brought against a municipal entity and an officer in his official capacity, "the official capacity
claim should be dismissed as duplicative or redundant." Odom, 772 F. Supp. 2d at 392; see also
Wallikas, 67 F. Supp. 2d at 84. In the present case, Plaintiff has alleged identical Monell claims
against the City of Syracuse and Defendant Fowler in his official capacity. Therefore, the Court
finds the claim against Defendant Fowler in his official capacity is duplicative. Moreover, since
Plaintiff has failed to plausibly allege any unconstitutional conduct against the individual
Defendants, Plaintiff's municipal liability claim must be dismissed. See Segal v. City of New
York, 459 F.3d 207, 219 (2d Cir. 2006) ("Because the district court properly found no underlying
constitutional violation, its decision not to address the municipal defendants' liability under
Monell was entirely correct"). Therefore, Defendants' motion for summary judgment is granted
as to count seven of the complaint.
Leave to amend
"Although Rule 15(a) of the Federal Rules of Civil Procedure provides that leave to
amend 'shall be freely given when justice so requires,' it is within the sound discretion of the
district court to grand or deny leave to amend. A district court has discretion to deny leave for
good reason, including futility, bad faith, undue delay, or undue prejudice to the opposing party."
McCarthy v. Dun & Bradstreet Corp., 482 F.3d 184, 200 (2d Cir. 2007) (quotation and citations
In the present matter, Plaintiff seeks to add (i) four additional officers as parties for
purposes of all counts of the complaint other than Plaintiff's Monell claim and (ii) a new cause of
action for failure to intervene with Plaintiff's arrest and prosecution against all current and
proposed individual Defendants. See Dkt. No. 45-11. However, Plaintiff has failed to provide
any explanation as to why he delayed requesting leave to amend until after Defendants had filed
their motion for summary judgment—more than a year after the deadline to amend pleadings,
months after the close of discovery, and nearly two years after filing the complaint. See
McCarthy, 482 F.3d at 202 ("Plaintiffs sought to amend their complaint after an inordinate delay.
By that time, discovery had closed, defendants had filed for summary judgment, and nearly two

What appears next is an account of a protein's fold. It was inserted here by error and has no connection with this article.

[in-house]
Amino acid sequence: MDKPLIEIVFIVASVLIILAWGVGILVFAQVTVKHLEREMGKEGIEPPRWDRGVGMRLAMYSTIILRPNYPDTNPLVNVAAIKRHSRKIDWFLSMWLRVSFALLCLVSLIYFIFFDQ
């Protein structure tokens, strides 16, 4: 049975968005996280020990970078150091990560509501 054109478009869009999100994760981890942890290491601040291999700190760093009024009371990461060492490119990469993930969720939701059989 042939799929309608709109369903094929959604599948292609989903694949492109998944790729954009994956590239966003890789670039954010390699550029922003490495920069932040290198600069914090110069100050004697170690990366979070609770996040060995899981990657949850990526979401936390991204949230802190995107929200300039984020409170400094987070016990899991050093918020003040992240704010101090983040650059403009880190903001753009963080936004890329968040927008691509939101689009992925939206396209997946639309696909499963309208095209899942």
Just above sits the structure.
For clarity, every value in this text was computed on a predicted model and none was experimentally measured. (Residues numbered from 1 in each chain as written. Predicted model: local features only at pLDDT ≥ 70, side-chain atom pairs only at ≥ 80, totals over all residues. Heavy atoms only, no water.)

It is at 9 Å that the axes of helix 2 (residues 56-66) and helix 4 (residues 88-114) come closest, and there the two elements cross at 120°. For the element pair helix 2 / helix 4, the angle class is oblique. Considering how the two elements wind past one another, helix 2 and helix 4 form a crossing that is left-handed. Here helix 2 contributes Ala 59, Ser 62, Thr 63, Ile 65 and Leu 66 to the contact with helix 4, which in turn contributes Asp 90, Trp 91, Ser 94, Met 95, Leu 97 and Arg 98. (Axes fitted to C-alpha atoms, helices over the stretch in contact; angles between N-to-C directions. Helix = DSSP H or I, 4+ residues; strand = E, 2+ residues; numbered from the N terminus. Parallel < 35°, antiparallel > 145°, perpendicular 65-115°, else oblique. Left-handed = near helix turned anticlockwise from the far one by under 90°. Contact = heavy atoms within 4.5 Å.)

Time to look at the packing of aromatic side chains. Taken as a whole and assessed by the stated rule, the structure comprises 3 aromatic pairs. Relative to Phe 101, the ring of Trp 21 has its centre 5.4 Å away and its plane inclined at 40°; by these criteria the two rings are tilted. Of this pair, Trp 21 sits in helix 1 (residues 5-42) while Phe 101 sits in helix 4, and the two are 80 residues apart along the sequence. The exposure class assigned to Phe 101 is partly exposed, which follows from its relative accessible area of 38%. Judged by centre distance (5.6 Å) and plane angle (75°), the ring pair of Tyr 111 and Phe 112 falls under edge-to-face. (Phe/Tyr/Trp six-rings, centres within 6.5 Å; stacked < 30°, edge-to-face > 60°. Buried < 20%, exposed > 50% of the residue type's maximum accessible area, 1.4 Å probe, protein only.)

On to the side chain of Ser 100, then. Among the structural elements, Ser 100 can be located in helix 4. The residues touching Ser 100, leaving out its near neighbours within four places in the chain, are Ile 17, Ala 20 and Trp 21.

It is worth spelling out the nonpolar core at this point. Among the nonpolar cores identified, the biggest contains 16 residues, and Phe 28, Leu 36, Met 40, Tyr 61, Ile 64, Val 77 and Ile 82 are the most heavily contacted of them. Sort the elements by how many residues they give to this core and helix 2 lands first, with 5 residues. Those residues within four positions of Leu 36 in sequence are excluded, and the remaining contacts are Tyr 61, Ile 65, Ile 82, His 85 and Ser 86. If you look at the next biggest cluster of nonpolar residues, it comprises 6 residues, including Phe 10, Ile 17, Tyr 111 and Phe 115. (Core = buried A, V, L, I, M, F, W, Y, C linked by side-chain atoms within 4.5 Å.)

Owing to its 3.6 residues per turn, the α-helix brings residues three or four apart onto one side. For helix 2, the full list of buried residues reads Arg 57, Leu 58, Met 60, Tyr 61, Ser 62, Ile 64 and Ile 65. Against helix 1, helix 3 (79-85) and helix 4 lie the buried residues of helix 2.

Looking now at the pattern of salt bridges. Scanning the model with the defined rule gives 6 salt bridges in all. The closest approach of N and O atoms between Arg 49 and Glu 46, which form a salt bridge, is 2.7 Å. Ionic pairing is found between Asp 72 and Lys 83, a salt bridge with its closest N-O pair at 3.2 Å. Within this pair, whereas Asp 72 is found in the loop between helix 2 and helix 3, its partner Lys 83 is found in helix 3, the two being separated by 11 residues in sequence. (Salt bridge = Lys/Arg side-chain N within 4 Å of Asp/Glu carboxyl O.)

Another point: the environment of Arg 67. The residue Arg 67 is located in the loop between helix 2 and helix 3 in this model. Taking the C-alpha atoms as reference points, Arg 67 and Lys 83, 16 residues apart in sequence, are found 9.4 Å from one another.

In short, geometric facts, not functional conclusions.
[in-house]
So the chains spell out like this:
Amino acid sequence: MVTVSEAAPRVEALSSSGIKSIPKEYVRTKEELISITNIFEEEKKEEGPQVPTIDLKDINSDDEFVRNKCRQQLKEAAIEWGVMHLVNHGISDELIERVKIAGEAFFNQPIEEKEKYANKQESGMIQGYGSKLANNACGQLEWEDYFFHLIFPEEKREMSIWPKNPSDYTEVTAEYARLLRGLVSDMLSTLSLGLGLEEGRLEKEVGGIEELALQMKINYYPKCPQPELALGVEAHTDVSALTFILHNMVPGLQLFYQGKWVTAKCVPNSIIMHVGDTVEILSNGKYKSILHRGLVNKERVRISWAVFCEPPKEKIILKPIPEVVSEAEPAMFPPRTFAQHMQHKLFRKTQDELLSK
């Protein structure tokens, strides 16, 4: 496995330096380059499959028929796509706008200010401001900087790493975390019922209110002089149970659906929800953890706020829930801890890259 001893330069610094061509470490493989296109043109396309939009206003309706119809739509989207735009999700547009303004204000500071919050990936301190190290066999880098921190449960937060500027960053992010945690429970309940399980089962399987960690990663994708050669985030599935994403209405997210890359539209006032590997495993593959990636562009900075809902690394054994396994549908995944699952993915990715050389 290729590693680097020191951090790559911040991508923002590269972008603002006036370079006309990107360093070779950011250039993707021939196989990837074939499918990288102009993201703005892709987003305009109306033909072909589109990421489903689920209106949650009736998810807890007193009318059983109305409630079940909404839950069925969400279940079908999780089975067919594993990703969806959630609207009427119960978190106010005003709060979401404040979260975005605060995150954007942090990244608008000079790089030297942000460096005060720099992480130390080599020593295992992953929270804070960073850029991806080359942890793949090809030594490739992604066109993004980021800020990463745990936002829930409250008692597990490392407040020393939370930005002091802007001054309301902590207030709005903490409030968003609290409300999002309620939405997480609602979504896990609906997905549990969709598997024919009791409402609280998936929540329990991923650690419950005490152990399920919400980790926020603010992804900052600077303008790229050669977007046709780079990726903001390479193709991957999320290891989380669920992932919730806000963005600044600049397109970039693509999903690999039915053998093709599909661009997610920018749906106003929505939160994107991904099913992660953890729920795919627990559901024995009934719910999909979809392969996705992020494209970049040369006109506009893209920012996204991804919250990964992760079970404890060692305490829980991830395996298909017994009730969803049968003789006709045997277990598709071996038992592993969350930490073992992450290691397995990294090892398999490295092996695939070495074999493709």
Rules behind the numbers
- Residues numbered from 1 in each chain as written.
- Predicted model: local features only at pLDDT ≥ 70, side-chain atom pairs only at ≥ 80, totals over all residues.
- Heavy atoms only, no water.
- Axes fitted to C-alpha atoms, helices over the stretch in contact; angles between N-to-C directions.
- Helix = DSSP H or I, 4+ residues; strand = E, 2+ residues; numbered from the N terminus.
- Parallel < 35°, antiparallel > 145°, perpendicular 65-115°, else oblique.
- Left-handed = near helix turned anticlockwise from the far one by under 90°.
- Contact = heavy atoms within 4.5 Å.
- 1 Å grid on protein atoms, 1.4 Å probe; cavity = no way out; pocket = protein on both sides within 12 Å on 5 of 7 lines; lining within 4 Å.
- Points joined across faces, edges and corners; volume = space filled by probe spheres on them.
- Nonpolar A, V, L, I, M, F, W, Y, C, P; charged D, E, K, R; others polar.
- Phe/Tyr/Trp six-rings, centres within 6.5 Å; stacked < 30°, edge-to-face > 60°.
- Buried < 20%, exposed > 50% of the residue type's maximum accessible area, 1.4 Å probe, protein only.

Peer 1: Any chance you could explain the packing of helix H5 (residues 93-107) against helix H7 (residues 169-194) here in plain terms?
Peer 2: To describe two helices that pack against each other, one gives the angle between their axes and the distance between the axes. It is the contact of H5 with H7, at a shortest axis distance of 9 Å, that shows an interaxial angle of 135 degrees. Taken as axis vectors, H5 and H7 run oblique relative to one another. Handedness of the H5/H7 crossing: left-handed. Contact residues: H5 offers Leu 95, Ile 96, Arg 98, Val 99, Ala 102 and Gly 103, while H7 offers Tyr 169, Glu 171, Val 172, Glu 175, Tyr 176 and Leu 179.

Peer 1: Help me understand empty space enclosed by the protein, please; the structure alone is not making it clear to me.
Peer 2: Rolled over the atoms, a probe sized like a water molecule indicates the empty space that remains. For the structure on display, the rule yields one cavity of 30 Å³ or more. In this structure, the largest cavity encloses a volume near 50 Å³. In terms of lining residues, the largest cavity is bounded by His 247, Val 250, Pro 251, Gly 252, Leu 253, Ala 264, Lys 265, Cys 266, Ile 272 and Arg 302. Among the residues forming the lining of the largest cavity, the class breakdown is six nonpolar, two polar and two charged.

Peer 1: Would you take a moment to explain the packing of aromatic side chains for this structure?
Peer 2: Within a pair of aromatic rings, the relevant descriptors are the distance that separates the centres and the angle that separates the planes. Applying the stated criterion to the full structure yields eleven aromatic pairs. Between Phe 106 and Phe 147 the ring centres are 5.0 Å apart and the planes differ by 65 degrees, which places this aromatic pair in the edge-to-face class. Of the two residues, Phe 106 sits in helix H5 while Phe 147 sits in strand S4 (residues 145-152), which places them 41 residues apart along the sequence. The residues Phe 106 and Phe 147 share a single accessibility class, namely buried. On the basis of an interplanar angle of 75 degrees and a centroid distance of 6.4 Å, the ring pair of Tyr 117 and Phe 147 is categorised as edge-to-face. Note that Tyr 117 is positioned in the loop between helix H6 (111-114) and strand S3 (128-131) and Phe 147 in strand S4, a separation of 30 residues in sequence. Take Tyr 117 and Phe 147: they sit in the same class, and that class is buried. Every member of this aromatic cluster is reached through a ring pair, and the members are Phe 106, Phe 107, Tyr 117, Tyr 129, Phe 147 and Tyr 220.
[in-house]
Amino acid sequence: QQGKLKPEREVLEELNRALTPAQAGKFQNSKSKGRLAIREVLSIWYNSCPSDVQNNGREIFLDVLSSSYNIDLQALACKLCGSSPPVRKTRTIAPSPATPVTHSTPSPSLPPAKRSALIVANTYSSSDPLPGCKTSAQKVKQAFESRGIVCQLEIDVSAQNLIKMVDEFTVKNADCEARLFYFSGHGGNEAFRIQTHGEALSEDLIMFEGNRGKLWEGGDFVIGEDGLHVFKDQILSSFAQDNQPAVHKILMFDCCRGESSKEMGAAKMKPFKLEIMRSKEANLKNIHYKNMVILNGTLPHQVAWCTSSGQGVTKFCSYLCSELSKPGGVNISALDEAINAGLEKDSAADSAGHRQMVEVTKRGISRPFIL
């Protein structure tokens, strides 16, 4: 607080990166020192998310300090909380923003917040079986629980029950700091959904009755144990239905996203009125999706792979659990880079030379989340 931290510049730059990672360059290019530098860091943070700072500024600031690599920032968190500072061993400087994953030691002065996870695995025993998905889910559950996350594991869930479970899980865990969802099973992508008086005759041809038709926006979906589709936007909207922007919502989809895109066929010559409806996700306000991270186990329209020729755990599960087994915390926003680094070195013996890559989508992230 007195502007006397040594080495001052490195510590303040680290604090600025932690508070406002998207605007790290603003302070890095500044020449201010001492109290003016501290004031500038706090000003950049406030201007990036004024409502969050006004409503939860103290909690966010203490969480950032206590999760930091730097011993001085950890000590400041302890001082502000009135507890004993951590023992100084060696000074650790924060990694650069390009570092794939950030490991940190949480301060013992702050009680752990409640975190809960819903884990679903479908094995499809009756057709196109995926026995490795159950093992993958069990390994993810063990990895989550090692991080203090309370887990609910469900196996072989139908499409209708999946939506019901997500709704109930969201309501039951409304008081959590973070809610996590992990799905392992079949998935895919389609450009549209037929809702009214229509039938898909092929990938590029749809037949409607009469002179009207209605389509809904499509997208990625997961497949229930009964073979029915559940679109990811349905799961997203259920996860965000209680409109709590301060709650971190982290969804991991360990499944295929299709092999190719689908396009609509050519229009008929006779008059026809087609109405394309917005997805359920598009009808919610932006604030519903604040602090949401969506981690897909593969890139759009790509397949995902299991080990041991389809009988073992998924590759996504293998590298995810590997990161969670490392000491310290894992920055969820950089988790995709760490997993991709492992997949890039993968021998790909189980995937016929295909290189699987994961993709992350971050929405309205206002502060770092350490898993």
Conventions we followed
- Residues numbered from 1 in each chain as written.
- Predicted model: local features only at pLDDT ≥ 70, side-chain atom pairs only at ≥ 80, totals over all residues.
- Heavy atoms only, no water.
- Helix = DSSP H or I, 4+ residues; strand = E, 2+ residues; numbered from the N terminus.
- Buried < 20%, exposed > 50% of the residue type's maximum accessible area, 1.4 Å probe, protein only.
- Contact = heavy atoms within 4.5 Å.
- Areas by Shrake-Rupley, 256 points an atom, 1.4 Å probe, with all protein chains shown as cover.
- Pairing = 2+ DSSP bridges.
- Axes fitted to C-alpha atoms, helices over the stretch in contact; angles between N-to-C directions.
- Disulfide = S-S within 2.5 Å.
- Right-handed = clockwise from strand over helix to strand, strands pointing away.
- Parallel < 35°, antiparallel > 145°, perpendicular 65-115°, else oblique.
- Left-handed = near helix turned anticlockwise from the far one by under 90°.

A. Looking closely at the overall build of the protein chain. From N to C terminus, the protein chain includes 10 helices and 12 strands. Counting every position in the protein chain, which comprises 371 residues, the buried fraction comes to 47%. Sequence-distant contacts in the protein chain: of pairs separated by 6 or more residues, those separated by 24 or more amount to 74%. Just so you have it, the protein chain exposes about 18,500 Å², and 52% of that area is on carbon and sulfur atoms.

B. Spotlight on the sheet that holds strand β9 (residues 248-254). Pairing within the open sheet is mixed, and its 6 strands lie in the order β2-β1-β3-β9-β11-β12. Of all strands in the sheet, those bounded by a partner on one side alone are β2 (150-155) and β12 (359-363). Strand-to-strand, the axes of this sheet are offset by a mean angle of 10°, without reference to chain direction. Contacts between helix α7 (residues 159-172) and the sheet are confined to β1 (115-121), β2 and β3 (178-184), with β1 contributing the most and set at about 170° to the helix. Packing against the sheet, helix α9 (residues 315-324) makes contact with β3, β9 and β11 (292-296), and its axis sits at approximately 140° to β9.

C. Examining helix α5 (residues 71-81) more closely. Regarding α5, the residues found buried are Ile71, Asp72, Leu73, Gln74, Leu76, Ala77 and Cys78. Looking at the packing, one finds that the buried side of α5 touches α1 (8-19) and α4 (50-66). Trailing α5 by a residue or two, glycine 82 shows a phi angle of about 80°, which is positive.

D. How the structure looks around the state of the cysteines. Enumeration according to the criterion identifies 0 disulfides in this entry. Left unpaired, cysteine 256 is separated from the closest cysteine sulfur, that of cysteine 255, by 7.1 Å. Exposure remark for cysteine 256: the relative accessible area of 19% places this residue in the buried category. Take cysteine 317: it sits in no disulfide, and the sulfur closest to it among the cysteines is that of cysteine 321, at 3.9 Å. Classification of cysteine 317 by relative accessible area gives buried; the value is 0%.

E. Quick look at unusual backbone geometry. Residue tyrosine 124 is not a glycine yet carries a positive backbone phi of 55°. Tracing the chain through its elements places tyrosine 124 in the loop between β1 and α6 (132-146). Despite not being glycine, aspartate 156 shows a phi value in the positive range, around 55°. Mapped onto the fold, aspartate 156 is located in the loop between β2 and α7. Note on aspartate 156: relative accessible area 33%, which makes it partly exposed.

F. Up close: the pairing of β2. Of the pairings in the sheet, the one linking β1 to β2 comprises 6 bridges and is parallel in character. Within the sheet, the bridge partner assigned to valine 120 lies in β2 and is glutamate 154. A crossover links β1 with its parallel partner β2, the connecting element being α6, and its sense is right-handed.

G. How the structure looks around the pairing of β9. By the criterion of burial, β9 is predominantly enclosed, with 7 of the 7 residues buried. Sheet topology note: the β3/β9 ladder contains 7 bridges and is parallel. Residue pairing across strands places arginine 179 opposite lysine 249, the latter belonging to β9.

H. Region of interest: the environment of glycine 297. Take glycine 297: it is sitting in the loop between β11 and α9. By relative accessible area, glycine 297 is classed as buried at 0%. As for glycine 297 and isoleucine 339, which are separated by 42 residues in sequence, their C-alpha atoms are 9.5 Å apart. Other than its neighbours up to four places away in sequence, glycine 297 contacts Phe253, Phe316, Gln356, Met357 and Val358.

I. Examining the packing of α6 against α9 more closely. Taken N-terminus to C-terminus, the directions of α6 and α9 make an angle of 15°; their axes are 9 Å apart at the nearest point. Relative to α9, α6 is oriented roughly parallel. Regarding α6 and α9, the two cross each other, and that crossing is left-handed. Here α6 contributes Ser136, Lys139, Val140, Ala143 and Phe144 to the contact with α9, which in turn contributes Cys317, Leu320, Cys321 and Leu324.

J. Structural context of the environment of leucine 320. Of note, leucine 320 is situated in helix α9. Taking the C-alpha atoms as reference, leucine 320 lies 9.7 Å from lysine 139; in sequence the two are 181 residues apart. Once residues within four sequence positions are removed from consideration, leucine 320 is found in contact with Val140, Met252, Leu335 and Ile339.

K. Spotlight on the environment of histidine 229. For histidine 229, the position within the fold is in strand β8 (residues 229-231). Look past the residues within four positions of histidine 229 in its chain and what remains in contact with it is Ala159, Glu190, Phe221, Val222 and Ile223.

years had passed since the filing of the original complaint").
Moreover, it would be futile to add the proposed individuals because the Court has found
probable cause for Plaintiff's arrest and prosecution, and Plaintiff has failed to plead any facts
either establishing that the proposed defendants lacked probable cause for Plaintiff's arrest or
rebutting the presumption of probable cause to prosecute Plaintiff. See Morgan v. County of
Nassau, No. 13–CV–06524, 2017 WL 664027, *19 (E.D.N.Y. Feb. 17, 2017) ("Based on the
current record, the police had probable cause to arrest plaintiffs, and plaintiffs have not rebutted
the presumption of probable cause for their malicious prosecution claim. Plaintiffs, therefore, do
not have viable causes of action against any police officers who may have been involved in the
arrest and prosecution. Accordingly, amending the complaint to add the names of more police
officers would be futile"). It would also be futile to add a failure to intervene claim because the
Court has found that Plaintiff's underlying constitutional claims fail. See Briukhan v. City of New
York, 147 F. Supp. 3d 56, 62 (E.D.N.Y. 2015) ("His failure to intervene claim, premised on
officer Fesinstine's failure to interrupt alleged constitutional violations, is derivative of the
underlying claims of unlawful stop, false arrest, fabrication of evidence, and malicious
prosecution. Because his underlying claims fail, so does failure to intervene").
For the foregoing reasons, Defendants' cross-motion for leave to amend is denied.
After carefully considering the entire record in this matter, the parties' submissions and
the applicable law, and for the above-stated reasons, the Court hereby
ORDERS that the Defendants' motion for summary judgment is GRANTED; and the
ORDERS that Plaintiff's cross-motion for leave to amend is DENIED; and the Court
ORDERS that the Clerk of the Court shall enter judgment in Defendants' favor and close
this case; and the Court further
ORDERS that the Clerk of the Court shall serve a copy of this Memorandum-Decision
and Order on all parties in accordance with Local Rules.
IT IS SO ORDERED.
Dated: March 21, 2017
Albany, New York